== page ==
actually
know.
So
if
you’re
aware
of
your
own
skill
edge,
as
well
as
the
inadequacies
of
your
opponents,
there
is
nothing
to
fear,
not
even
the
never
ending
swings
of
fortunes.
When
you
can
read
your
opponents,
you
can
adapt
to
their
play
style
effortlessly
and
always
stay
up
one
step
ahead
of
them.
There
is
no
such
thing
as
standing
still.
You
have
to
keep
moving
and
keep
adapting,
otherwise
you
will
get
left
behind.
You
should
also
keep
trying
to
improve
and
work
on
fixing
your
leaks
off
the
felt.
The
elite
world
class
professionals
didn’t
get
to
the
top
by
having
a
sixth
sense
or
some
godlike
innate
talent,
but
by
studying
the
game
reverently
and
practicing
deliberately
for
an
insane
number
of
hours
over
many
years.
And
they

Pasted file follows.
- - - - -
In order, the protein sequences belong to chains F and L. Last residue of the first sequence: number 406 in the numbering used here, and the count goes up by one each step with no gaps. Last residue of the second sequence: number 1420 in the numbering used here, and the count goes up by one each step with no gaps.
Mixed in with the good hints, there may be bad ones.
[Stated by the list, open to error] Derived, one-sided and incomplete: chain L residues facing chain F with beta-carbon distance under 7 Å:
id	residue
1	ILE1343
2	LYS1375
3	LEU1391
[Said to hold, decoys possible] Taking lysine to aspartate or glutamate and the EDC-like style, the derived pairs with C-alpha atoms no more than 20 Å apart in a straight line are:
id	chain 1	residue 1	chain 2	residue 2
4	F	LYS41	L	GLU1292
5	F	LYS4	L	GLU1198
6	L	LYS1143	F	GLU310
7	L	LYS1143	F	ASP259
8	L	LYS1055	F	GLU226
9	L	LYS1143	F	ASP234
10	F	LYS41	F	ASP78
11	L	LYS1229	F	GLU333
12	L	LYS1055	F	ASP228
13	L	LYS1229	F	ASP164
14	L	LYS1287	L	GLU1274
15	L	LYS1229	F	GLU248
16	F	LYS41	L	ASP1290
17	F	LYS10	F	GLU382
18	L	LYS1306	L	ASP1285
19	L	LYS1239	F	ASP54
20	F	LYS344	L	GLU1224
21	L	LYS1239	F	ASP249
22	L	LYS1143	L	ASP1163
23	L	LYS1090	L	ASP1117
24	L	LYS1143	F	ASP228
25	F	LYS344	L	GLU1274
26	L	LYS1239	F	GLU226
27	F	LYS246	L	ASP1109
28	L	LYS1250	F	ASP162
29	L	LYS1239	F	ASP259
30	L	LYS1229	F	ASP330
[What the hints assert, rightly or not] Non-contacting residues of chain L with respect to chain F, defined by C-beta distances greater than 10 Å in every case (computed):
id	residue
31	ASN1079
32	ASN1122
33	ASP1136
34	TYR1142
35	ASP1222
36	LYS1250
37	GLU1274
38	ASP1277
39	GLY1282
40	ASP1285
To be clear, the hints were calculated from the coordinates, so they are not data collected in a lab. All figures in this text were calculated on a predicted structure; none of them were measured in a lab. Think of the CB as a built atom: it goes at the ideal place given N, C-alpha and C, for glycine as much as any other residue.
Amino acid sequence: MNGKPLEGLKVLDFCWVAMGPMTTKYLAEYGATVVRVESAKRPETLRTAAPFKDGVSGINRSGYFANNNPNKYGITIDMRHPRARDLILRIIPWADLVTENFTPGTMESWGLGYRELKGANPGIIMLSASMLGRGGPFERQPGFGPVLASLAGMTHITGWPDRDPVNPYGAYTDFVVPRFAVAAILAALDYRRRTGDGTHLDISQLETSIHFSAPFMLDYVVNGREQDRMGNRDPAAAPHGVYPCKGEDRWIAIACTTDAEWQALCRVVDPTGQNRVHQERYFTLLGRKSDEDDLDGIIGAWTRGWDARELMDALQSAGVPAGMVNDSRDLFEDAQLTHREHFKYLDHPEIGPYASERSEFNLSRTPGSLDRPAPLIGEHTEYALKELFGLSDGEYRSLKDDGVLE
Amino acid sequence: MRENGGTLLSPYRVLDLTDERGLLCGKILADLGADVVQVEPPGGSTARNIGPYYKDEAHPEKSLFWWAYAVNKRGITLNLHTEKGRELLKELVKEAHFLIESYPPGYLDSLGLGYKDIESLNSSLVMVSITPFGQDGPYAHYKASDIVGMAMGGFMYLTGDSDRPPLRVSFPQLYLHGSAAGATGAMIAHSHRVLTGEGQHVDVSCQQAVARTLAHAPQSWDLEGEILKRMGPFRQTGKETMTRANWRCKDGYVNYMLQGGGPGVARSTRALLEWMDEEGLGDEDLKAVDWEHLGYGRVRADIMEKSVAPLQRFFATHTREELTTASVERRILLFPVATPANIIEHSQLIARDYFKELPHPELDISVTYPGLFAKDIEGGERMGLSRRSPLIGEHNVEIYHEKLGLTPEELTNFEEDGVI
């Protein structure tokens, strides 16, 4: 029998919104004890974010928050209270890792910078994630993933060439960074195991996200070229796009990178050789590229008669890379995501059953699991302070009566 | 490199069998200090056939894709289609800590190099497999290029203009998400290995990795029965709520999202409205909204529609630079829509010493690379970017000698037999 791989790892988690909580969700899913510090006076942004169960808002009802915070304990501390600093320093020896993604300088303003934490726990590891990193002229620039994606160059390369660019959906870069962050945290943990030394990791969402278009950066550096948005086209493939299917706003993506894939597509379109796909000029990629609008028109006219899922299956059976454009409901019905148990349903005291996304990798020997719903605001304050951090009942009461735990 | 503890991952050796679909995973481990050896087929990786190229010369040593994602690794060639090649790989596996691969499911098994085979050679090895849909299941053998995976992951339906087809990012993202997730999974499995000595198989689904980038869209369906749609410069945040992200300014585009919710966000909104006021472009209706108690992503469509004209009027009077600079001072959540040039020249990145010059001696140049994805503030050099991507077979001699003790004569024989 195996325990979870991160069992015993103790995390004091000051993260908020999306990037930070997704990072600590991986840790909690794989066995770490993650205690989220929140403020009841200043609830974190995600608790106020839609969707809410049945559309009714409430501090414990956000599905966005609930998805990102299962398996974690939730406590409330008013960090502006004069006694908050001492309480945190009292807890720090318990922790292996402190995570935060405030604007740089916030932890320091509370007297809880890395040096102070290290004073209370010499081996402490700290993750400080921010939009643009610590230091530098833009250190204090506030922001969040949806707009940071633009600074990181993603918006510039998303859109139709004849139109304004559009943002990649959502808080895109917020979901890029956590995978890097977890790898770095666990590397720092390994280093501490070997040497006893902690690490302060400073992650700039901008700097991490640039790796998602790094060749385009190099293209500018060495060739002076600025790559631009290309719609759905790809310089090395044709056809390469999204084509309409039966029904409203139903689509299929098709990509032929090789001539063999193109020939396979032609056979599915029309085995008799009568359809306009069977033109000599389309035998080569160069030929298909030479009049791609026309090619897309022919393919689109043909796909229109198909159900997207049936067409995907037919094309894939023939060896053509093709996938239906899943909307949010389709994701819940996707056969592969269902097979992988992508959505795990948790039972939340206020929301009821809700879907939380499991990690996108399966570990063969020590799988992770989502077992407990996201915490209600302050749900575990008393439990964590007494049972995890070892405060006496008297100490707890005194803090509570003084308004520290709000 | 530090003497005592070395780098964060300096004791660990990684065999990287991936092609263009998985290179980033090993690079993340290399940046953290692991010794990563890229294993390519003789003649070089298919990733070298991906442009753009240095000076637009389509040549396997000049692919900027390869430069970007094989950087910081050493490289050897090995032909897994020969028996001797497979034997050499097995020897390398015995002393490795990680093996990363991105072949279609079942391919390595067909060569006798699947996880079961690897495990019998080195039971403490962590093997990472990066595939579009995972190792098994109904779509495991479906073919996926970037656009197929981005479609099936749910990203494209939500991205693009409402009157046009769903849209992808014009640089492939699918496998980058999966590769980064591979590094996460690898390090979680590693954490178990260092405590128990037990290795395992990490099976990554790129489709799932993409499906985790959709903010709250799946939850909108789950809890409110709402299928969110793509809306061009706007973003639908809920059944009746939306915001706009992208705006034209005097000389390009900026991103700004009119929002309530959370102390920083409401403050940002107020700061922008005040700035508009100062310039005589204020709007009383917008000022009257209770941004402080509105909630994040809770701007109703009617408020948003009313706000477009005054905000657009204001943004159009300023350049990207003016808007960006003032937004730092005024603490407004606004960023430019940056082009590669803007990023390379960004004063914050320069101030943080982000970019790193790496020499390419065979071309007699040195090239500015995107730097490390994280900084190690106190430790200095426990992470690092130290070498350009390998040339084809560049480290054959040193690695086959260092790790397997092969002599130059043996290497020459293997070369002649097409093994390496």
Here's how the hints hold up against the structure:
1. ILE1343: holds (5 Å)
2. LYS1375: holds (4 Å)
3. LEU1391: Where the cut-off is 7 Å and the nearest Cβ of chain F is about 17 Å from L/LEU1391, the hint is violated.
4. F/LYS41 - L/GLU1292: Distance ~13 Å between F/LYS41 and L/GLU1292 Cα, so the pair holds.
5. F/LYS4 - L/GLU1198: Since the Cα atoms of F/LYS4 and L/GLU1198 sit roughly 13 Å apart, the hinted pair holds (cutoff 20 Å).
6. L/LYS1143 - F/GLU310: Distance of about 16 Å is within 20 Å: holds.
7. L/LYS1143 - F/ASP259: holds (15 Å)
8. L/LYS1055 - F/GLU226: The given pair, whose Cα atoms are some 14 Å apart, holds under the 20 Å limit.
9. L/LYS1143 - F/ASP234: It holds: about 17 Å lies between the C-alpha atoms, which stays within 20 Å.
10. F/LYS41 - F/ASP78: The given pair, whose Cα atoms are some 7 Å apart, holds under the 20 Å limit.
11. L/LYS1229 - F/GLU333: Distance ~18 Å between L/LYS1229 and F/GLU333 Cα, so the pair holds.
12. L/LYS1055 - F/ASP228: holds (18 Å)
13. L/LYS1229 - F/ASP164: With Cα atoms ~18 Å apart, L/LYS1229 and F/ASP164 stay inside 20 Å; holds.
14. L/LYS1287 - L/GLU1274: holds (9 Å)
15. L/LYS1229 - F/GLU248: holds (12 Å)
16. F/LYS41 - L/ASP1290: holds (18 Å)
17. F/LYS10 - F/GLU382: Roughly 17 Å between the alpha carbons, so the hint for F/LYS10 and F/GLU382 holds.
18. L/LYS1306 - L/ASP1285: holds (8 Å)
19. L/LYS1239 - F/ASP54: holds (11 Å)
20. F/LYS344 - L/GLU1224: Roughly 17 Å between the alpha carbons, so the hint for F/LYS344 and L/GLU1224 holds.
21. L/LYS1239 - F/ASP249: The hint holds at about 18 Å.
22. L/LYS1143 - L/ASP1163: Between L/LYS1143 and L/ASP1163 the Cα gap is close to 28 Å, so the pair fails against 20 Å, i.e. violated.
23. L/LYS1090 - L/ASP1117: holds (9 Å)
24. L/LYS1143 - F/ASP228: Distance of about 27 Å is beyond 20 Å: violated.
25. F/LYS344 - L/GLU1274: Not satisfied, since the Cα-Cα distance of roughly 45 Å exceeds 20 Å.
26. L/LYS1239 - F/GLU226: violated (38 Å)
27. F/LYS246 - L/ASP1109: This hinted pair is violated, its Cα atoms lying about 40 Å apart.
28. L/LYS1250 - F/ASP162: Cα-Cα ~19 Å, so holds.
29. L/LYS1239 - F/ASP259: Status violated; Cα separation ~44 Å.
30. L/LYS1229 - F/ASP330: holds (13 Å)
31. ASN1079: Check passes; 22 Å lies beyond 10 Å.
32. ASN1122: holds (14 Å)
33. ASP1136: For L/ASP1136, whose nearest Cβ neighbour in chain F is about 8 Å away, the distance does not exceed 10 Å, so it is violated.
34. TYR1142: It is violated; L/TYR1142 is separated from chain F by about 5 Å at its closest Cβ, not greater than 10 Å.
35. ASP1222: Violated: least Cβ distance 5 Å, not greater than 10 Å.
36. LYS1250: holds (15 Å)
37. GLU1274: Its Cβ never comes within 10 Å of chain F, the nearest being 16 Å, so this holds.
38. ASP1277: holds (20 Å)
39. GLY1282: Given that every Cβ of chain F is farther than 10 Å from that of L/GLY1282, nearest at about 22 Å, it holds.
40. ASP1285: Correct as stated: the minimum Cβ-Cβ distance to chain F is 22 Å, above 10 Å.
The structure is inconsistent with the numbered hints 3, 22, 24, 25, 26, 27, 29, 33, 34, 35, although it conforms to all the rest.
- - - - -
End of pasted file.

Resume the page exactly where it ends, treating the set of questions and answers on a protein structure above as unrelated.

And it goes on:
made
way
more
mistakes
on
the
way
than
most
of
us
ever
will.
That’s
what
made
them
experts.
Speaking
of
mistakes,
one
of
the
best
ways
to
avoid
them
is
to
not
put
yourself
in
the
position
to
make
them
in
the
first
place.
This
means
being
selective
about
spots
we
decide
to
get
involved
in.
A
lot
of
beginner
poker
players
simply
play
too
many
hands,
stay
in
them
too
long,
and
donate
way
too
much
money.
Sometimes
the
only
winning
play
is
not
to
play
at
all.
However,
you
also
miss
100%
of
the
shots
you
don’t
take.
So
you
will
have
to
go
out
of
your
comfort
zone
from
time
to
time.
This
means
experimenting
with
different
lines,
and
letting
go
of
the
notions
of
“standard
play”.
If
you
make
a
standard
play
every
time,
you
will
have
standard
results.
And
a
standard
result
for
an
average
poker
player
is
actually
losing
money.
If
you
don’t
tilt
and
make
huge
costly
mistakes,
you
can
expect
to
be
a
breakeven
or
a
slightly
winning
player.
So
don’t
be
afraid
to
get
creative
here